Quebec City Tour: Rue Couillard


One of my favourite streets in old Quebec is rue Couillard. It is narrow, mostly residential, and less than 0.2 km long. The street lies on a wavy tangent off the main tourist strip. There are surprises around every bend: New France cottages built in the 1600s, Victorian-era monasteries, and early 20th-century apartment buildings. Let’s go for a walk.


Rue Couillard does not begin on an auspicious note. On one side lies a disneyfied version of an Irish pub. A banal tourist kitsch shop lies across the street. Keep moving.

Once you’ve made it beyond this point, a few modest 19th century mansard residential blocks appear to one side.


On the other side is a youth hostel, a student bar called L’Ostadamus, and Le Temporel, the finest café in Quebec City.

Le Temporel is one of the few places in the old city where the clientele is made up largely of locals. I usually go on weekends to read the newspaper. I am a big fan of their homemade croissants with melted emmenthal running out from all sides and fresh strawberry jam.


Across the street from Le Temporel is the former home of Calixa Lavallée, who wrote the music for “O Canada.” Let’s keep walking.


One block down lies the home of François-Xavier Garneau (far right), whose Histoire du Canada was a direct response to Governor Durham’s claim that the French-Canadians were a people “without history and without literature.” Looking up the cross street, the clock tower of city hall peeks out of the background.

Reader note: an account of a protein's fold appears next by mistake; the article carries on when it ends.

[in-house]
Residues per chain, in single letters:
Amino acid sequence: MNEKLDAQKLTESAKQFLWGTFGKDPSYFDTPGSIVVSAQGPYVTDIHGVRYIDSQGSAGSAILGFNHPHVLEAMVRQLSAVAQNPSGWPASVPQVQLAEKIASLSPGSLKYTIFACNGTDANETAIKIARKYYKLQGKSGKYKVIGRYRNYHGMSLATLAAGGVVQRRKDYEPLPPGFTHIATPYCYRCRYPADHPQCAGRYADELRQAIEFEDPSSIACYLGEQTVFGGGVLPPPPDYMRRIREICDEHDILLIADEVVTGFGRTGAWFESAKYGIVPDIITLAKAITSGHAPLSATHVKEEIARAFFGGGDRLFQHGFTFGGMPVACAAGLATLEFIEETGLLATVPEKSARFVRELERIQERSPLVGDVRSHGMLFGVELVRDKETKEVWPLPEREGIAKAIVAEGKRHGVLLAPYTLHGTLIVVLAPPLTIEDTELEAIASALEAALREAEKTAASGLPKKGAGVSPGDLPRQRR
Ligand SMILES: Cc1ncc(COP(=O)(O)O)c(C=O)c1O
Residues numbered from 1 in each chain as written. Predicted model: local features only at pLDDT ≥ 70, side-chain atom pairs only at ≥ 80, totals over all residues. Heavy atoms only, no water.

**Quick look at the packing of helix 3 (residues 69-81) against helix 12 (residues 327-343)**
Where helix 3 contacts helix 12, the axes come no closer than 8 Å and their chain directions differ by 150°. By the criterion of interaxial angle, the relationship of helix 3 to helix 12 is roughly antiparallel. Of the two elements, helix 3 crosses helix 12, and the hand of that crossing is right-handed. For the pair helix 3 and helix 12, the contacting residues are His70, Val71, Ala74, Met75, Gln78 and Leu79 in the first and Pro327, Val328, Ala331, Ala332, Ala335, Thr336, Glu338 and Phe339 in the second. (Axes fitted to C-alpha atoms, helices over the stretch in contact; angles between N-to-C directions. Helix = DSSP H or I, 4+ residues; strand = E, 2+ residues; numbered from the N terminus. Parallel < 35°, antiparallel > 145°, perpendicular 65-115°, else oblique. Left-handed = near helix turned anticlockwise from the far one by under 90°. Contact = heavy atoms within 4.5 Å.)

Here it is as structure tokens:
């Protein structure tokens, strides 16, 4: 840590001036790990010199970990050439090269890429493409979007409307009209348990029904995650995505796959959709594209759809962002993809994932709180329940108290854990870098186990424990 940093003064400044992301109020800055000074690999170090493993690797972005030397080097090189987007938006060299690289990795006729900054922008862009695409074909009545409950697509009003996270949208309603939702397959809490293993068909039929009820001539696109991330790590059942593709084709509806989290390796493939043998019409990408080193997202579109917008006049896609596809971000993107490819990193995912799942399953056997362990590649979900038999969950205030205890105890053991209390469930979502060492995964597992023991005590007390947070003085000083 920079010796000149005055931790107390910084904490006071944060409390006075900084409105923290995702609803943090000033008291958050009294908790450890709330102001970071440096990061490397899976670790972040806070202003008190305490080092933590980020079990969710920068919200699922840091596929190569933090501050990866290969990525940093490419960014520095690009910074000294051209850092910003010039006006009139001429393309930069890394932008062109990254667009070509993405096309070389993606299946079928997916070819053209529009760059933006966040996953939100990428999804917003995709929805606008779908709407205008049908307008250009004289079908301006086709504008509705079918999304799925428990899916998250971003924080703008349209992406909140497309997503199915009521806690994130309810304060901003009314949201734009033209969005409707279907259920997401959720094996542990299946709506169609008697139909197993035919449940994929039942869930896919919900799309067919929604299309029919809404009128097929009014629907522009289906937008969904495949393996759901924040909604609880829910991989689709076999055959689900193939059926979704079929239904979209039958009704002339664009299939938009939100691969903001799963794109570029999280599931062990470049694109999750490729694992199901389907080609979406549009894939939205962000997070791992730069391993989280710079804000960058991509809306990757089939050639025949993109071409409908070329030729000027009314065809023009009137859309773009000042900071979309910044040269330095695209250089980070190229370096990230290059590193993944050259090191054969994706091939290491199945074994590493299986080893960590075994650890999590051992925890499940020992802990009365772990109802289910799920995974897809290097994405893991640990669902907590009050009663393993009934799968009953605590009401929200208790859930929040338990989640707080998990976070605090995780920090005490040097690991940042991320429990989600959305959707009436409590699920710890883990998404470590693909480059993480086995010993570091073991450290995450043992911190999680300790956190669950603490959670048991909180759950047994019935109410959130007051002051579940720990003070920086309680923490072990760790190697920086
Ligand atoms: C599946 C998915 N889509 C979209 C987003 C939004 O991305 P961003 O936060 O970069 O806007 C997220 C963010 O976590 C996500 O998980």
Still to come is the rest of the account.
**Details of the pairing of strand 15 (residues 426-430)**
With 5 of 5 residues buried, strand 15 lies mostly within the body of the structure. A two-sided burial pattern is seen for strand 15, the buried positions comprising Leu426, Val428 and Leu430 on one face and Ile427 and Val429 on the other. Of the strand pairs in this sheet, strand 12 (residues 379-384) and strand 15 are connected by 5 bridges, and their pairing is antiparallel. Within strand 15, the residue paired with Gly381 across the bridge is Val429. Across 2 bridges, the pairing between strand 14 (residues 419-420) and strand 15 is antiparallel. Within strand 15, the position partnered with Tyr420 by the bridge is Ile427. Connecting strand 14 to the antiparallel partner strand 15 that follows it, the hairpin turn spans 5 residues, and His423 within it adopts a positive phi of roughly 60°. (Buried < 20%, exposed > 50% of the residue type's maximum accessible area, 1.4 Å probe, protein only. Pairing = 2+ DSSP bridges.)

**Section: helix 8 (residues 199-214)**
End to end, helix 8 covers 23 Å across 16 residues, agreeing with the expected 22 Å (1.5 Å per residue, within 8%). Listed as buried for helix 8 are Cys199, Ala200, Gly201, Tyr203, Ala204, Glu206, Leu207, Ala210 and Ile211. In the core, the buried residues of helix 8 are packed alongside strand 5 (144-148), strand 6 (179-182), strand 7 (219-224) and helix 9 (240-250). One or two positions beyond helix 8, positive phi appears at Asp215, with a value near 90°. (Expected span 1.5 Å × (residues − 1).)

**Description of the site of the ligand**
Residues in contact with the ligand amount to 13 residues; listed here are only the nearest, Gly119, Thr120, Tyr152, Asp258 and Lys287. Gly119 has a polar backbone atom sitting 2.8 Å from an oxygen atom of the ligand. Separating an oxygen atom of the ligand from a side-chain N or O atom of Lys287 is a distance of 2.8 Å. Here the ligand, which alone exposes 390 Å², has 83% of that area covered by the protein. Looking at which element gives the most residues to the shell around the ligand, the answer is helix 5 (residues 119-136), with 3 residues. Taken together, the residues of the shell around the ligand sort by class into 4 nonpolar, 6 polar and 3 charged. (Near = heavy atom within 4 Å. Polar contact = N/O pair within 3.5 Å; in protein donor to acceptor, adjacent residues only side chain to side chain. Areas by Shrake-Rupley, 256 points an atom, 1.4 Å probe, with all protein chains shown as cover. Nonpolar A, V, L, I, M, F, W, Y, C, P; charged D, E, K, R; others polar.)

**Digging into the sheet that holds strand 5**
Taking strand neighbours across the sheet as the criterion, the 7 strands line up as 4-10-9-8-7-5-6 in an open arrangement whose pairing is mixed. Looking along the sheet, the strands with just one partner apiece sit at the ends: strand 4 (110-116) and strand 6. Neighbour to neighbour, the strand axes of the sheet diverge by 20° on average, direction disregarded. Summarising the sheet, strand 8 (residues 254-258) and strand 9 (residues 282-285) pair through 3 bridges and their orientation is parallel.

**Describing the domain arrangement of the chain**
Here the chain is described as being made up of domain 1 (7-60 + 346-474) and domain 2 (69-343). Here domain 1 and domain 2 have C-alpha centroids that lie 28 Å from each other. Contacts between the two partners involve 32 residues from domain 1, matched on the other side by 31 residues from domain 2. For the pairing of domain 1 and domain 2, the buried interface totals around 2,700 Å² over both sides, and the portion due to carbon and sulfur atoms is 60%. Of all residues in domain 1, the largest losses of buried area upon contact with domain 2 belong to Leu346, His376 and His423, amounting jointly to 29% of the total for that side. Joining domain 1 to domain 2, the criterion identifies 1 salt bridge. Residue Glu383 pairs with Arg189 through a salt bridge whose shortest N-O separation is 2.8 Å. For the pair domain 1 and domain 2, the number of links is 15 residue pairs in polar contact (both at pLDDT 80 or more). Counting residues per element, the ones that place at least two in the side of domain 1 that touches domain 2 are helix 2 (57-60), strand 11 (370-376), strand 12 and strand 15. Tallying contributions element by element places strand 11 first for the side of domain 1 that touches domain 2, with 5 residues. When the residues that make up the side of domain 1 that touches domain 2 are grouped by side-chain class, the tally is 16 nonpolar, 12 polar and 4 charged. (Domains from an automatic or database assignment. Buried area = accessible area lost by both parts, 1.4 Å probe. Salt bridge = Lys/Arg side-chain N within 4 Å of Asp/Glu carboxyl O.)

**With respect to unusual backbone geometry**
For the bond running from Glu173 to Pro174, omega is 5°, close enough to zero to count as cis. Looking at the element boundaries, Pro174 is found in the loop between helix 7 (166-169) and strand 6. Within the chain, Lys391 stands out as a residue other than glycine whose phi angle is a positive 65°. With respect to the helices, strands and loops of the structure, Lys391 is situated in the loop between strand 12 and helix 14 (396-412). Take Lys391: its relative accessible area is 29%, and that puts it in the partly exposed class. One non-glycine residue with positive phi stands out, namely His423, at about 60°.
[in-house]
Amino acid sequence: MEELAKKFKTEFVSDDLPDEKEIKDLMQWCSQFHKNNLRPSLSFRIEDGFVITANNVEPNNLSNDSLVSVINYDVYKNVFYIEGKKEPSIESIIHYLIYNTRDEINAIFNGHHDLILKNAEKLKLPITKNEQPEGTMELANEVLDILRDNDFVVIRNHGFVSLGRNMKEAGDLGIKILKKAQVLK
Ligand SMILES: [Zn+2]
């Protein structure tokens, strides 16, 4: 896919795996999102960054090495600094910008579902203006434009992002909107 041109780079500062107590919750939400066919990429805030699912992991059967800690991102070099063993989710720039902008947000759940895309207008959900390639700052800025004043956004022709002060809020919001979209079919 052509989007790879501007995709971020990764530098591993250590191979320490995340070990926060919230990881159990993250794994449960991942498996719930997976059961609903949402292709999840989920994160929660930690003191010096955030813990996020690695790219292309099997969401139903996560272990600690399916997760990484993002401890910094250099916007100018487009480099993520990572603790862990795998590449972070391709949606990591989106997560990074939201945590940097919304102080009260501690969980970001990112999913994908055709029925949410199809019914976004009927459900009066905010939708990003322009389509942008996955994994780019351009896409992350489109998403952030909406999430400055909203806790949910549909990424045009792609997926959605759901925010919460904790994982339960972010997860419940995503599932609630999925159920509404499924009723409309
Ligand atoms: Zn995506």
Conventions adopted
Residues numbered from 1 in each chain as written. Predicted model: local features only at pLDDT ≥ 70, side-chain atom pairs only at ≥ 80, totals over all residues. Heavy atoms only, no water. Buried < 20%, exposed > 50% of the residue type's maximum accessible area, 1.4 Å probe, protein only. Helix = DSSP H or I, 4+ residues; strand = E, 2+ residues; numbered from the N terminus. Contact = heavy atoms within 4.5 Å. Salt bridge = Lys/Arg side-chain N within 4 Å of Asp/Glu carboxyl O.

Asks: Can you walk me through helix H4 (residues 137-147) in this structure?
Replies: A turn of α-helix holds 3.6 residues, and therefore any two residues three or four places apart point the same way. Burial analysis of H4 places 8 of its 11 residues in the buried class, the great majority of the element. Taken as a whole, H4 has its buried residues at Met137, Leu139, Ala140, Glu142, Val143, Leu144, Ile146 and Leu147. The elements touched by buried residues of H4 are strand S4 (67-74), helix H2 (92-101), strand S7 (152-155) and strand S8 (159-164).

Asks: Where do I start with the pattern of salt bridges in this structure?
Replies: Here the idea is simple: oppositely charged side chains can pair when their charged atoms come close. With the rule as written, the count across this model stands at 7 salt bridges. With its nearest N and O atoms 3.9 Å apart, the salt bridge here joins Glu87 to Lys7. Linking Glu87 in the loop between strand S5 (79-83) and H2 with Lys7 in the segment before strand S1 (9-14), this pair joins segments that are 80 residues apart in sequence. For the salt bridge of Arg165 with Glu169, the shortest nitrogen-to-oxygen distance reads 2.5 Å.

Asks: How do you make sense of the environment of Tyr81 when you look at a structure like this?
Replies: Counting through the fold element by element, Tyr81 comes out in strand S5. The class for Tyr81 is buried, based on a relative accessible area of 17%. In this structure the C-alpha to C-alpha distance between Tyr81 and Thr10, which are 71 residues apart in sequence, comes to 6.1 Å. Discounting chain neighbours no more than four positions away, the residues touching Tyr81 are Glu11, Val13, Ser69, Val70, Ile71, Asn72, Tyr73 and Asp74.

Looking down from rue Couillard reveals another panorama: the smokestacks of the pulp and paper mills on the Saint-Lawrence river.


A little further down lies the main convent of the Soeurs du Bon Pasteur, a religious order founded in 1849 to help poor women who fell into prostitution. There are fewer nuns than before, with the average age being well over 70.

The next block has a few older homes. The McKenna house, with its steep red roof, is an example of architecture from the New France period. It probably dates back to the 1600s.

Couillard street leads to one of the classical stone buildings of the Séminaire de Québec, founded in 1663 and now part of Univesité Laval. From this point on, the street’s name changes to rue Hébert and continues along a straight line to the edge of the fortifications.

This entry was written by Patrick Donovan , posted on Saturday March 03 2007at 07:03 pm , filed under Canada and tagged , . Bookmark the permalink . Post a comment below or leave a trackback: Trackback URL.

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